Even with fuel prices dropping slightly at the start of 2015, the high cost of petrol and diesel is a major concern to millions. That's why so many new car buyers look straight for the most economical cars on the market.
A model with a high fuel economy figure will help save you money - and time spent filling up. To help you find the top models available now, we've listed the top petrol and diesel models for fuel efficiency.
It's not always best to buy one of these cars, however - this isn't our list of recommendations. A lot of the time you will save more money by going for a cheaper, less economical model. Plus, diesel cars are not fond of short journeys, so you'll likely face repair bills if you don't travel a lot of miles regularly - so it can be better to go for a petrol instead.
Official fuel economy figures, as quoted by the manufacturers, are notorious for being inaccurate in the real world. We think they are very useful, however. The official economy tests are standardised, so they don't include variations in driving style, traffic or weather - that means they are comparable, and a higher figure on the tests will likely mean a higher real-world figure, too.
We've decided to focus on non-hybrid and non-electric cars in our list here, as we've already put together round-ups for those models (see links, below). Instead, we’ve concentrated on conventionally-engined cars - especially as they are often much more affordable than their electrically-powered equivalents.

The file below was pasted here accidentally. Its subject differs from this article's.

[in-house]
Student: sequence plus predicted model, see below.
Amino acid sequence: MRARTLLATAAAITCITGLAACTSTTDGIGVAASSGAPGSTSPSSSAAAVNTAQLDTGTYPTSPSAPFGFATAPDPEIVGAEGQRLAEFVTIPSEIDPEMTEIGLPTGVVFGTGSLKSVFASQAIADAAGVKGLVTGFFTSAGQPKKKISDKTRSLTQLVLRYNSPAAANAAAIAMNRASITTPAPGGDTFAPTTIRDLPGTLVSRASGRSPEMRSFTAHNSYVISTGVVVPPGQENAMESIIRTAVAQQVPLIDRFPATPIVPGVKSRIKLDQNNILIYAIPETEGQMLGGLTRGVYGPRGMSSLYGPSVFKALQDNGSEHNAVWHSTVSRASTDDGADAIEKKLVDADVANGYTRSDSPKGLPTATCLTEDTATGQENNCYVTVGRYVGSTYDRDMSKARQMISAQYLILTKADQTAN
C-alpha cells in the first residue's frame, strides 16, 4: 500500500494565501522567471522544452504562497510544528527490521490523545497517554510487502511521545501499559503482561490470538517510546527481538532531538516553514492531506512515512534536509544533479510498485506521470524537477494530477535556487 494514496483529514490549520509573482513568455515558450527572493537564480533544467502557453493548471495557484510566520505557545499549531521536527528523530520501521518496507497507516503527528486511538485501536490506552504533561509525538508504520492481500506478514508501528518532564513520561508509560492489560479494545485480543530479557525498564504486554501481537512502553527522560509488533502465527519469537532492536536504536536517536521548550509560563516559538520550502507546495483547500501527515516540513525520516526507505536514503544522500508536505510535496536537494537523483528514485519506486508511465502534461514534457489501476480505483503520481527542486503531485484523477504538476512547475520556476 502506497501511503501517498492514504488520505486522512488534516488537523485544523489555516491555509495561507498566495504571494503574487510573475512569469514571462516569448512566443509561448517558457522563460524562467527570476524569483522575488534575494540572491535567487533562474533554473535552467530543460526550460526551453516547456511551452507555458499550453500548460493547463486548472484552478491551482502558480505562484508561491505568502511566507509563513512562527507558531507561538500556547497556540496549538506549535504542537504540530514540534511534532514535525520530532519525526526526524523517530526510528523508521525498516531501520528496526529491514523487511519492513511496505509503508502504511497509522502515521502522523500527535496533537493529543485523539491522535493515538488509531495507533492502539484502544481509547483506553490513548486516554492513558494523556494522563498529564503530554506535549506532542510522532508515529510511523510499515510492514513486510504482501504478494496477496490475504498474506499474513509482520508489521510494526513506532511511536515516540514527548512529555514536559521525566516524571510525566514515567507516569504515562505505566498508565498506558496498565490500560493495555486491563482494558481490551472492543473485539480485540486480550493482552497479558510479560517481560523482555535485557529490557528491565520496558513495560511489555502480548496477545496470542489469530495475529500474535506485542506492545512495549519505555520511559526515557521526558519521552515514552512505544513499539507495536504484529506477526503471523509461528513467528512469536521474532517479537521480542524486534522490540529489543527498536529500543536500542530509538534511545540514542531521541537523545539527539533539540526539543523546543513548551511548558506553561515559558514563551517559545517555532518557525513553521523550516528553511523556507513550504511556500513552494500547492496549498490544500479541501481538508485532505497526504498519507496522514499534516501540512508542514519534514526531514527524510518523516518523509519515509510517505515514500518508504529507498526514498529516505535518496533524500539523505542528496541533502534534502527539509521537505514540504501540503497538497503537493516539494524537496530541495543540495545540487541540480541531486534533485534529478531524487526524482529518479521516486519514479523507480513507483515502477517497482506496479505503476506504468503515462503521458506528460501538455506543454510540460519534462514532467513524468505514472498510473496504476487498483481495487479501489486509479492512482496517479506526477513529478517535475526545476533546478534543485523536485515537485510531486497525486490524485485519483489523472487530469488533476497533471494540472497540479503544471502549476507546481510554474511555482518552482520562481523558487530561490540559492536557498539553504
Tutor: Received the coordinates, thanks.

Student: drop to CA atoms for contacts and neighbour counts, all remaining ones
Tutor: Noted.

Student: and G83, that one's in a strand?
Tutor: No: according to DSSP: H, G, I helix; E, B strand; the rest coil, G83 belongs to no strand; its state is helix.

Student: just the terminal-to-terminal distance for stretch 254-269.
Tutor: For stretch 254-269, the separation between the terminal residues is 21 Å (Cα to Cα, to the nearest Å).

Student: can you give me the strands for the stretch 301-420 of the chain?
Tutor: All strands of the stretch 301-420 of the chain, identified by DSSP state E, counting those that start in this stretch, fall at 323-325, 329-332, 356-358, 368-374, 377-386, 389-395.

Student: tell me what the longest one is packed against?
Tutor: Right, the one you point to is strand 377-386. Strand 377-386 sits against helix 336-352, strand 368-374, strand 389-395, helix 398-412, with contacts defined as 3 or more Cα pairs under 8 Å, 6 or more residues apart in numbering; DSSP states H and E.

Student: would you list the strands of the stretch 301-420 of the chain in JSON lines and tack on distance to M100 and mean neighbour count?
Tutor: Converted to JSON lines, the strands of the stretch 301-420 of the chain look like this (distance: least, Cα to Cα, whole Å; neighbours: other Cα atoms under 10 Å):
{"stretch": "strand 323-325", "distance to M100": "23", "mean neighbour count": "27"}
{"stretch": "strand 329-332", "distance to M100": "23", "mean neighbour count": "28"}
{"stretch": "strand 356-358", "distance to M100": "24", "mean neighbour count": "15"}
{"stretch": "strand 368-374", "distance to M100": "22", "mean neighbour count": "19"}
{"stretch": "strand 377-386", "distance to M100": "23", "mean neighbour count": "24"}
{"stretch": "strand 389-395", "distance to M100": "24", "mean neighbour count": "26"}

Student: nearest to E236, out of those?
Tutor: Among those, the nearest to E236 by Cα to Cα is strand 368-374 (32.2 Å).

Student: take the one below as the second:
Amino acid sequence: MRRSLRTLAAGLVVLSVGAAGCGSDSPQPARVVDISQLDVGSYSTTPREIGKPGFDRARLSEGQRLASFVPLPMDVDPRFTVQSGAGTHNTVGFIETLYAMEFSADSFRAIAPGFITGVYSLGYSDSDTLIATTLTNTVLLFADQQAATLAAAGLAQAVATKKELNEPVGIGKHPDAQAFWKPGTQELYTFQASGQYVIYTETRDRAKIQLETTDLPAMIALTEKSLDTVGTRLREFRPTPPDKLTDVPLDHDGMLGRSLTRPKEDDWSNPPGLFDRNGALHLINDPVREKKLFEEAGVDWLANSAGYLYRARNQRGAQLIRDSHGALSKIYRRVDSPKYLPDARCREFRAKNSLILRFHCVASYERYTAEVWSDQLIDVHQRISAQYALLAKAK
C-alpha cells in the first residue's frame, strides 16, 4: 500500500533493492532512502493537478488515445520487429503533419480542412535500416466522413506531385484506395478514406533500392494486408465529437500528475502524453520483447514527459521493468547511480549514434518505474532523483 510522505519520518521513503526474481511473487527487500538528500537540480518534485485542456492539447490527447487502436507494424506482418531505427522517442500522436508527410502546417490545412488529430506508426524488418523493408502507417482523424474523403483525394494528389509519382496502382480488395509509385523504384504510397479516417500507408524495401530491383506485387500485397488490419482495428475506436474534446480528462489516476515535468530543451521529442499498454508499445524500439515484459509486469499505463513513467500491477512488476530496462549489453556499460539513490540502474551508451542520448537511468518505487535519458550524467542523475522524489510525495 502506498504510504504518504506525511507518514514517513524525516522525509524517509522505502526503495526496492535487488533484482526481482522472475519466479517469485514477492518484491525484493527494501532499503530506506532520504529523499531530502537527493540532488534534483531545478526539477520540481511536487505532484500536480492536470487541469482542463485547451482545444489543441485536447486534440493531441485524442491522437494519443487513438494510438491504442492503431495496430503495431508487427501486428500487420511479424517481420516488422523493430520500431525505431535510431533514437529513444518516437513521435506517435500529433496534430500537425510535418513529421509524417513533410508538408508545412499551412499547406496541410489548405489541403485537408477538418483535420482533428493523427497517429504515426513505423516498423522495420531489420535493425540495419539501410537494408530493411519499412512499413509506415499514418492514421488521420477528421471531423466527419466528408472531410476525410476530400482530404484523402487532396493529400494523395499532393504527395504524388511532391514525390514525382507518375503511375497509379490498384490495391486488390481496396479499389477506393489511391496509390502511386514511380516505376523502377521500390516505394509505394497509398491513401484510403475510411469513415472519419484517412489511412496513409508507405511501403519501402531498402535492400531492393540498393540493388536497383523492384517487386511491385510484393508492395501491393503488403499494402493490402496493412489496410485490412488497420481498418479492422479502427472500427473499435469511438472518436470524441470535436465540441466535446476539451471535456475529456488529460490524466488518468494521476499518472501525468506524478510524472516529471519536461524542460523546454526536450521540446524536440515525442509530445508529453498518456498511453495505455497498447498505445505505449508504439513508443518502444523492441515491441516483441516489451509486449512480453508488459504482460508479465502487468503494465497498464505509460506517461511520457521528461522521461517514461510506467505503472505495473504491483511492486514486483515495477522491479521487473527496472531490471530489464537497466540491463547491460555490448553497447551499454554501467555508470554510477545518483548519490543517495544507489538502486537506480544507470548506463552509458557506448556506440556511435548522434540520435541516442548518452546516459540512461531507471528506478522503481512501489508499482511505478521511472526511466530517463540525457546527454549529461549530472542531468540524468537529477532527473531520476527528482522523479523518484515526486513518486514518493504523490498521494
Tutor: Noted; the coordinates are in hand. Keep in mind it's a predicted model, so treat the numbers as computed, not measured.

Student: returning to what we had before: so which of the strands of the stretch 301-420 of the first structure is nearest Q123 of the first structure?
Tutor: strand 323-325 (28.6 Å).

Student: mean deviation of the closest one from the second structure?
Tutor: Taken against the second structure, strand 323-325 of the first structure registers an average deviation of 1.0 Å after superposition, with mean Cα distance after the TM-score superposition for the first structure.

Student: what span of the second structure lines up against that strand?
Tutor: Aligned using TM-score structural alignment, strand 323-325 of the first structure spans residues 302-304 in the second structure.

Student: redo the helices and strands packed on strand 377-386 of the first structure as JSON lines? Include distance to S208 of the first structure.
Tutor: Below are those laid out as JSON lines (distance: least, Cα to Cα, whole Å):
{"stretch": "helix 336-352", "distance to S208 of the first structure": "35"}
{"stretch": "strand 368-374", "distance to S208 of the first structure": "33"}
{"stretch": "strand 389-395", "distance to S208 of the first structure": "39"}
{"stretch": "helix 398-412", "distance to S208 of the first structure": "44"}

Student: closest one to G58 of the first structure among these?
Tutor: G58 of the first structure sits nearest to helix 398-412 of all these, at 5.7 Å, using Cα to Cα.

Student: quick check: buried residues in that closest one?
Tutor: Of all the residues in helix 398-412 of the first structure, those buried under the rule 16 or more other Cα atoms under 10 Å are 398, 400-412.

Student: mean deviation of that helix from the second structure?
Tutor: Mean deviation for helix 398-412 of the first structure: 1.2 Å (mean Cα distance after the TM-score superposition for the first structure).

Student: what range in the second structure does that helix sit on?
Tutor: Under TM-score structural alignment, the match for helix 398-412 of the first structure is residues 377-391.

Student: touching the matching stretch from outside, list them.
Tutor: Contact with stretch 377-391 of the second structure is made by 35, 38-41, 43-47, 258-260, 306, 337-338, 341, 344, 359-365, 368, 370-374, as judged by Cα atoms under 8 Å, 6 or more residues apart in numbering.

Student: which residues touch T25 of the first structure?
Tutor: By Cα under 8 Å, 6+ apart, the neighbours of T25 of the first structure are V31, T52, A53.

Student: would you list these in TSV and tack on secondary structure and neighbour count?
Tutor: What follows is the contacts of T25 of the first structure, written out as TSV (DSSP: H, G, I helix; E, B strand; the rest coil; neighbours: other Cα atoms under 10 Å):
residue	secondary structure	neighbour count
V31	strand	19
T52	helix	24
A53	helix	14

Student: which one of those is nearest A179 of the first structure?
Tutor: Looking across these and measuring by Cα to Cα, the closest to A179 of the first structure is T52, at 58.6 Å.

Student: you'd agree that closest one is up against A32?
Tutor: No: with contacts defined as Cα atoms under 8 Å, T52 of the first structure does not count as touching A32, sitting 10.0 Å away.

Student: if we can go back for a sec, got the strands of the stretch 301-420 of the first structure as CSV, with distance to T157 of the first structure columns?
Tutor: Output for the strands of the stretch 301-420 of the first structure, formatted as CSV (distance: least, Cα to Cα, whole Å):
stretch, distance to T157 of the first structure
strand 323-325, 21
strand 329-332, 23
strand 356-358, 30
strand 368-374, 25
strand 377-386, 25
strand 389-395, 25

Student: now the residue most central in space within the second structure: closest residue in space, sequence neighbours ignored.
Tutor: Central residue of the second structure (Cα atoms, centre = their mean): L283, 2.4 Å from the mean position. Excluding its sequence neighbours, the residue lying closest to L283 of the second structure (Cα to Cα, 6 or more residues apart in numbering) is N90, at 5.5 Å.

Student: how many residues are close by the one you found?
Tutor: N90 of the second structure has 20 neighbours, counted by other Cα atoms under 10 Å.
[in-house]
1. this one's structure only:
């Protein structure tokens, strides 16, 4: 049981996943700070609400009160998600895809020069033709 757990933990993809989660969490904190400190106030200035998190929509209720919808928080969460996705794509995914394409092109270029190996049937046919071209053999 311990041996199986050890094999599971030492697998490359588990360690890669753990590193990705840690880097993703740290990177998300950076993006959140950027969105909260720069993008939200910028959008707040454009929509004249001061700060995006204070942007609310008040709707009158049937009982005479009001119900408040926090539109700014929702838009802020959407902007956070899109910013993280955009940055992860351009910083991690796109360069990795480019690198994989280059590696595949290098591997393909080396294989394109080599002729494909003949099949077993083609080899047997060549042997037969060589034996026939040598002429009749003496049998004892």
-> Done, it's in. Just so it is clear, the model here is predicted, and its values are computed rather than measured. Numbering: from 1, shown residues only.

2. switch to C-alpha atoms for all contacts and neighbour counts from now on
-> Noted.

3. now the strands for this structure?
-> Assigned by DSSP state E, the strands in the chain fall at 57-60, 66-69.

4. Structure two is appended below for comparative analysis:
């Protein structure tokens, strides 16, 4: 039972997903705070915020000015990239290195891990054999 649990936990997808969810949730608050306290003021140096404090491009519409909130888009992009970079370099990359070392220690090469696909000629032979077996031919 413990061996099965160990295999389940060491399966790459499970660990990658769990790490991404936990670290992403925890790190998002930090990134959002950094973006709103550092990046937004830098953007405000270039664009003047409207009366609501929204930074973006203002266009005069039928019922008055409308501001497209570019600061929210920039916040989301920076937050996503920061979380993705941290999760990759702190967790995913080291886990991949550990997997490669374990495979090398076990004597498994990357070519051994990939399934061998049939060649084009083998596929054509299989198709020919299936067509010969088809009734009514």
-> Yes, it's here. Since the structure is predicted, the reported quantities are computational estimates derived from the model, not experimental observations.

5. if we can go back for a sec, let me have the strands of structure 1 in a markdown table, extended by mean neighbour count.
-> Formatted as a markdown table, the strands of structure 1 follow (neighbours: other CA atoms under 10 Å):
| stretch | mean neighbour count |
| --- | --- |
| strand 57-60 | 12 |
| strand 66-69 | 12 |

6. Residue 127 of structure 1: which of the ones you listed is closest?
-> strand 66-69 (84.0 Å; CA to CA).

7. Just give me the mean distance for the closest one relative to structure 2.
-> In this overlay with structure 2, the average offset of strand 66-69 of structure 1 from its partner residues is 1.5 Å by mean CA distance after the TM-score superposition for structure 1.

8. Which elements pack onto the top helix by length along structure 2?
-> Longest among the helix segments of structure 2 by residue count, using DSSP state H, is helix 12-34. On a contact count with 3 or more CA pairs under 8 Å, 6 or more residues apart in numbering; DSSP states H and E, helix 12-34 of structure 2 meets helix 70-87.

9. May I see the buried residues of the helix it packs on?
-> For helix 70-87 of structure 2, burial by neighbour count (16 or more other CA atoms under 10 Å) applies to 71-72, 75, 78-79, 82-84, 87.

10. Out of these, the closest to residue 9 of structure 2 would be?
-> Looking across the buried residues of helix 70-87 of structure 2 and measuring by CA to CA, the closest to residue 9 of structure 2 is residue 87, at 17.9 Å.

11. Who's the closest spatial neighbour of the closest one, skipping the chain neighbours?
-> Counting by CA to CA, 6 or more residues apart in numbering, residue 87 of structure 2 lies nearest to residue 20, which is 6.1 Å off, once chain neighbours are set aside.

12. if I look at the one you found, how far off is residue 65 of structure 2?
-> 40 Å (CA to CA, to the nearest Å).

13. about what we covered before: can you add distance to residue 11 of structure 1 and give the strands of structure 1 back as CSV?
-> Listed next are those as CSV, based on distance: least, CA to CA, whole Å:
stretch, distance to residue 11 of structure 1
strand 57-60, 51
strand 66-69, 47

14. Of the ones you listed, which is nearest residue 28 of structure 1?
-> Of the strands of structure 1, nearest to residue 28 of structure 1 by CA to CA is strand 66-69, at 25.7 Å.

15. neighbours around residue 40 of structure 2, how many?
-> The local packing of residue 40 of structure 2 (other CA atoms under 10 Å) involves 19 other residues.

Electric cars do work for some people, though, so if you're looking for ultra-low emission vehicles, we've also got articles on the best hybrid cars, the best electric cars and even the best green cars on sale now.
Do remember that small diesel cars often boast excellent economy but this may not suit your lifestyle. Small city cars are great for commuting into town, but the tiny dimensions and cramped interior mean family trips can be very uncomfortable indeed - and there won't be much space for the shopping.
Diesel engines are not suitable for short trips, but work best for motorway travel - and small petrol engines are the opposite, working well in the city and getting noisy on faster roads. Also, diesel cars are usually more expensive than their petrol equivalents and are more costly to fill up. So if you don't cover long distances, a petrol car could make more financial sense.
You need to think carefully about which car will suit your needs best before you make a decision, rather than thinking purely about the fuel economy.
The cut-off point for our most economical cars list is an astonishing combined cycle return of 85.6mpg. Below that sit a cluster of fantastic cars that average over 80mpg but didn't quite make it into the fuel efficiency hall of fame. Any one of them should still be seriously cheap to run. Here's the best of the rest...
Citroen C3 1.4 e-HDi Airdream - 83.1mpg
Citroen C4 Cactus 1.6 BlueHDi - 83.1mpg
Ford Focus ECOnetic - 83.1mpg
Peugeot 208 1.4 e-HDi - 83.1mpg
Volvo V40 D2 - 83.1mpg
Skoda Fabia Greenline Estate 1.2 TDI - 83.1mpg